The Most Famous Art School In Malta Has A Young New Leader

Any Maltese artist you can think of probably studied here


Think of Malta's most well-known artists – Emvin Cremona, Robert Caruana-Dingli, Frank Portelli, Esprit Barthet. These and so many other accomplished artists on our islands had, at some point, attended the Malta School of Art

Since its inception in 1925, it's offered free art classes to the public. In its heyday – around the 1950s – the best artists at the school were awarded a scholarship to attend an art school abroad, very often in Italy or France. This kind of opportunity launched many a local-artists career, and provided them with the skill-set that couldn't be offered on the islands. 

Now, the school has now brought on a new Centre Administrator – Robert Zahra. He is young, passionate about art, and ready to bring new life to the school of the Maltese people.  

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"I’ve been working as an art educator for around 18 years," Zahra tells Lovin Malta.  "I’ve also kept myself busy with visual art practice. I've done a few solo exhibitions and a good number of collective ones". His career and background have been steeped in developing his art within the context of education.

Zahra's studies focused on art education and practice. He has a Fine Art degree in Painting from the Accademia di Belle Arti di Brera, Milan, and studied art education at a Masters Level at the University of Malta. So it seems quite natural that he would be drawn to this role.

"The School of Art should be a hub for the young art student/artist. This is what I'm working for"

Robert Zahra, Centre Administrator, Malta School of Art

"The only school that I could ever dream of managing was an art school. My idea of education goes beyond the normal system of exams and achievement of certificates. I think the school of art could be a space where alternative forms of education can be put into practice. I want to stretch boundaries," Zahra says. 

He's been appointed as Centre Administrator of the School of Art in Valletta. His role is to manage the School, create new educational programmes, new projects and connections to provide learners with an exceptional educational experience. He is also responsible for managing the school's administration and taking care of its spaces.

So what does he envision for one of the most important art institutions on the islands?

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"The School of Art should be a hub for the young art student/artist. This is what I'm working for. Open classes for older adults and juniors will remain part of the school’s system. However, we already started working on a new educational programme that leads to a Level 5 diploma".  

Zahra's mission is to cultivate courses that offer students enough time to delve deeper into the subjects they choose, to develop skills and ideas and get acquainted with contemporary art theories.  

"The School of Art will continue to offer non-formal education programmes to enrich the young artistic community. A series of new Masterclasses will be starting in March. These classes will be aimed for the young art student/artist but open to all those who already have basic knowledge in Art practice or history".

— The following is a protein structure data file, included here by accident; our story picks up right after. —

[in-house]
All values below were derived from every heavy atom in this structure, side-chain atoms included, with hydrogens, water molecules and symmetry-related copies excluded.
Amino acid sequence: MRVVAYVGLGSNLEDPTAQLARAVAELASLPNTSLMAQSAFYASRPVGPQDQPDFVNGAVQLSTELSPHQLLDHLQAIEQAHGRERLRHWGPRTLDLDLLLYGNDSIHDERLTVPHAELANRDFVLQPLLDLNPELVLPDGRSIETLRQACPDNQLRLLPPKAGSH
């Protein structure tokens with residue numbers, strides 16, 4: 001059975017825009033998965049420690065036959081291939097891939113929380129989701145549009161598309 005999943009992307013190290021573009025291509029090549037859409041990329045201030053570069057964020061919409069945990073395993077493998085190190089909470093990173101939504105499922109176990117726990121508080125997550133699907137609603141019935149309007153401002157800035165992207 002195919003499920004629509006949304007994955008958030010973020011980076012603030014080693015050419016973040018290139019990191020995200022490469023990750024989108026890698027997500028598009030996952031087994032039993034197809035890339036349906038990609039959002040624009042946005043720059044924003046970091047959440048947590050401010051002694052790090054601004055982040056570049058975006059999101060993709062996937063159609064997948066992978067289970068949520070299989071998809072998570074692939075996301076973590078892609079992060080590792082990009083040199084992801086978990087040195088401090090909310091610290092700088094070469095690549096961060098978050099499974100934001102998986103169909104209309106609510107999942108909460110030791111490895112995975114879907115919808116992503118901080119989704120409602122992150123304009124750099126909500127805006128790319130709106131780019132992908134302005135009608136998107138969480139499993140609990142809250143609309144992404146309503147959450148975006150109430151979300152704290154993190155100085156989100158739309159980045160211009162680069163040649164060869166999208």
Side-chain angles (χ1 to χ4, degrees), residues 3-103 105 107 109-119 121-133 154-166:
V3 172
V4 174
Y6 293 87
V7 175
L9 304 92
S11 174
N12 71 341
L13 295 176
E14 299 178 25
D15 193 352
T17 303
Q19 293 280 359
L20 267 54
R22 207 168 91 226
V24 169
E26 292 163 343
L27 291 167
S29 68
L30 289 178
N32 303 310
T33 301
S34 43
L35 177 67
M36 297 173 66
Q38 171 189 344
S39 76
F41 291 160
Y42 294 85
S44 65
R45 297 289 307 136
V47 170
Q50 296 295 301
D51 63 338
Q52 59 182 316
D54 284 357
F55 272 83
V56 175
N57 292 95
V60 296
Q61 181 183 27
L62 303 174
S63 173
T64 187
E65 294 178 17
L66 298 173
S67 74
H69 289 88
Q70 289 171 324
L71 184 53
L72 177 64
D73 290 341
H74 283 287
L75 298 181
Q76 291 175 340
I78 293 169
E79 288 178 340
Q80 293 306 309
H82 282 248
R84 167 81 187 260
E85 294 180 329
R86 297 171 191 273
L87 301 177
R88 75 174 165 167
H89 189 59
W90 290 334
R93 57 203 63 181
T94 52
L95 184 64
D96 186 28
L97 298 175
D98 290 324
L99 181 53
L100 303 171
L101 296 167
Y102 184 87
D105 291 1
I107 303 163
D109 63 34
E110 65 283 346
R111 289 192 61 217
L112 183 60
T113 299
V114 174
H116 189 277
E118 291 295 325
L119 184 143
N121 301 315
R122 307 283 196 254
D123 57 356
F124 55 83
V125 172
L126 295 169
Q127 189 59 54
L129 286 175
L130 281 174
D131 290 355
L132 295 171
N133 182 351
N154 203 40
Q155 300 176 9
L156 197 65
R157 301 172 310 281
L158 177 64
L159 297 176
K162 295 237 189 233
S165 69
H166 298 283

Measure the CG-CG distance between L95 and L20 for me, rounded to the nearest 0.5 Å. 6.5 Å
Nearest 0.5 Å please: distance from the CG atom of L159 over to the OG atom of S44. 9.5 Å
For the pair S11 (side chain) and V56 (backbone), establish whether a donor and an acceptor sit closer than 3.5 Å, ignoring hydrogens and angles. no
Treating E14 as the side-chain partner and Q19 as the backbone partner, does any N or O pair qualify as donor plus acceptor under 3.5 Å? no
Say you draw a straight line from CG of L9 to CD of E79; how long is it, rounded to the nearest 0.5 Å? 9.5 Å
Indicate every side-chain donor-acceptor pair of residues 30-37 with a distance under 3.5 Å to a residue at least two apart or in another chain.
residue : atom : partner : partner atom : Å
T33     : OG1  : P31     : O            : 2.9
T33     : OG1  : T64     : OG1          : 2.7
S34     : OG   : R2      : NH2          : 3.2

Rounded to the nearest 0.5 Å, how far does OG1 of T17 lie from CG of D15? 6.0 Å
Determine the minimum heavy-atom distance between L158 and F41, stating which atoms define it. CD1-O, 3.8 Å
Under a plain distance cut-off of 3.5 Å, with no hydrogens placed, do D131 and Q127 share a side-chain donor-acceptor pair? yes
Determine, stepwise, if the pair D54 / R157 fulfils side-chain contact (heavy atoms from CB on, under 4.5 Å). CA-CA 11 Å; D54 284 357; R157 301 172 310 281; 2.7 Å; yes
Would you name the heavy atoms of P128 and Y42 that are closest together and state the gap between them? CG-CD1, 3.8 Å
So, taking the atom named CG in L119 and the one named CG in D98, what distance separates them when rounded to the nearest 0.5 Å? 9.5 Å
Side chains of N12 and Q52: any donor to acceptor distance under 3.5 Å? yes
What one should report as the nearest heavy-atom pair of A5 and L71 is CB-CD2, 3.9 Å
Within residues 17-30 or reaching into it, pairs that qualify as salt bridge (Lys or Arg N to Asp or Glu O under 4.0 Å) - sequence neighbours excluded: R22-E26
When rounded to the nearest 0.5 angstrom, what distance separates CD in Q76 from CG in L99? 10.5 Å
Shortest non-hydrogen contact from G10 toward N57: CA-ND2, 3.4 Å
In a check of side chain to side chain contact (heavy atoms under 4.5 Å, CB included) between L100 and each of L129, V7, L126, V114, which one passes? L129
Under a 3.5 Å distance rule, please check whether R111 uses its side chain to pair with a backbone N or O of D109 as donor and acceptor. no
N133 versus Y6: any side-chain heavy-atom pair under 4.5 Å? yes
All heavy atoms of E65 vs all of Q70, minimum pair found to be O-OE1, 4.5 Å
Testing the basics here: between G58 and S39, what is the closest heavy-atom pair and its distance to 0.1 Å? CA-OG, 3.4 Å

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Under Zahra'a leadership, the school are considering a young artists in residence programme for summer 2017, as well as a number of public talks by artists and art-related practitioners.  

"I see the place as a hub for cross-disciplinary practices connected with visual art," he tell us. "We already had a poetry book launch and we have poetry/film nights with discussions in the pipeline". 

"We need to create new possibilities for the young artists working today, and new spaces to bring about a new artistic climate"

Robert Zahra, Centre Administrator, Malta School of Art

Zahra's vision is confident without over-promising. His measured excitement for what this historic school can offer is admirable. His determination to make the school work is grounded in pragmatism, and his ideas as to why the school has suffered in popularity are equally lucid.

"Most probably many young art students in Malta don't even know that the School of Art exists. The School of Art was established in 1925 and for many years it was situated in the same building where it is now, in Valletta. But for a number of decades it moved from one place to another, since the government needed this building. Also, the head of school and teachers always worked on part-time basis. I believe these two factors together with the removal of the scholarship for the school of art students showed a lack of interest and investment from the part of the state, which partly reflected in the deterioration of the School’s importance". 


The future seems as bright as it can possibly be for the Malta School of Art with Zahra at its helm. Does he believe the institution will be contributing to a fertile art scene in Malta?

"We have a number of young artists experimenting with a variety of media, but this is very limited. The creation of new art institutions and courses helped in some way to attract young people to the industry. What happens after young people graduate is another story, as only a few keep on working as artists. This says a lot about the situation and the art market that doesn’t really exist".

"But the art crowd is growing, and there's more awareness. But we still need to create new possibilities for the young artists working today, and new spaces to bring about a new artistic climate".

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Written By

Ann Dingli

Ann Dingli writes mostly about art and design. She enjoys friendly debates and has accepted that she's a small person.